A common cost for a residential home termite bond in the U.S. can range between $700 and $1000 for the initial service and cost about $300 or $400 for the annual warranty coverage. The average cost for chemical termite treatments can range between $4 and $16 per linear foot. Fumigation, which is the most common solution for drywood termites, can range between $1300 and $2500 and its price increases exponentially with the size of the area.
How to select the best termite control service provider?
The EPA (United States’ Environmental Protection Agency) has a lot of useful tips to offer when it comes to selecting the best pest control service for your situation. Here’s a rundown of the most important things to consider:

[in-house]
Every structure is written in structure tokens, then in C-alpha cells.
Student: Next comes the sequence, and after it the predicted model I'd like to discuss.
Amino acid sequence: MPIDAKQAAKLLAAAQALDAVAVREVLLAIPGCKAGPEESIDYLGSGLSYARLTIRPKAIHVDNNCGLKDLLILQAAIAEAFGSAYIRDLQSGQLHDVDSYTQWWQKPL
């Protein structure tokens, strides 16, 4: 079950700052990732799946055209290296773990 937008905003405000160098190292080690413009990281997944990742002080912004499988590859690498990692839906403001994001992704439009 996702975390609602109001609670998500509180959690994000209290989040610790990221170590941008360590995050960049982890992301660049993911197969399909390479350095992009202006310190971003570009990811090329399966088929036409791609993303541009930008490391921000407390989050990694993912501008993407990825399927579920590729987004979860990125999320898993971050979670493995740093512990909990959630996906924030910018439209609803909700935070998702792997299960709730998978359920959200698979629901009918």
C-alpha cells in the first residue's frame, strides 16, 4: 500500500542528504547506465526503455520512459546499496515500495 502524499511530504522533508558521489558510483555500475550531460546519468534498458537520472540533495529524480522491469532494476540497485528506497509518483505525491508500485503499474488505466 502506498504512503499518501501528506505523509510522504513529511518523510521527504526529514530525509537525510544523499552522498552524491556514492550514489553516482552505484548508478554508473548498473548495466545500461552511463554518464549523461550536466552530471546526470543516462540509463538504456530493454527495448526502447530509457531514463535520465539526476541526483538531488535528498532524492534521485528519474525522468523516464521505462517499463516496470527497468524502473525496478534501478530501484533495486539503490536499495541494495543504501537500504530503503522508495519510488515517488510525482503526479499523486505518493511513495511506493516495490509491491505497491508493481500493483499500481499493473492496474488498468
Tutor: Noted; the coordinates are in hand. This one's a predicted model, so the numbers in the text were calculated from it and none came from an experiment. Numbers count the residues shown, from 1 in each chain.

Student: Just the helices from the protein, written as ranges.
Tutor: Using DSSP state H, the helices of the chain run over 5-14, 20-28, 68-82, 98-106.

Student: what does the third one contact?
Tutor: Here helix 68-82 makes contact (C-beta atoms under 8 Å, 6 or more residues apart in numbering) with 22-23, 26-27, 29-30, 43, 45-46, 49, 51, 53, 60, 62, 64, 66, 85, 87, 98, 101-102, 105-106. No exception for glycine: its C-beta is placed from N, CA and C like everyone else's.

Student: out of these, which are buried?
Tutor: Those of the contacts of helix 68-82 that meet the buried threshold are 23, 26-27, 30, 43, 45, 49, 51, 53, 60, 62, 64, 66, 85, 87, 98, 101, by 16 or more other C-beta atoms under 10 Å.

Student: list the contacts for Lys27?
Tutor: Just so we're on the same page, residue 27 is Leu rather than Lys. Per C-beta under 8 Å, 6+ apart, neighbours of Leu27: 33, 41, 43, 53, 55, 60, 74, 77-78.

- Does the pest control company have a long and storied history?
- Do they offer references?
- Are the termite exterminators certified and licensed professionals?
- There are lots of “professional” exterminators that are unlicensed, prey on elderly people or ones that live alone, don’t even have a phone number, and claim to be endorsed by the EPA or any other governmental entity (which they can’t be). Be wary of such scams and make sure you only work with reputable professionals.
Termites are the bane of many homeowners and working with termite control services can be an expensive endeavor that we wouldn’t wish on anyone. Yet, it’s better to be safe than sorry as a termite infestation can be one of the worst things to happen to your home and property.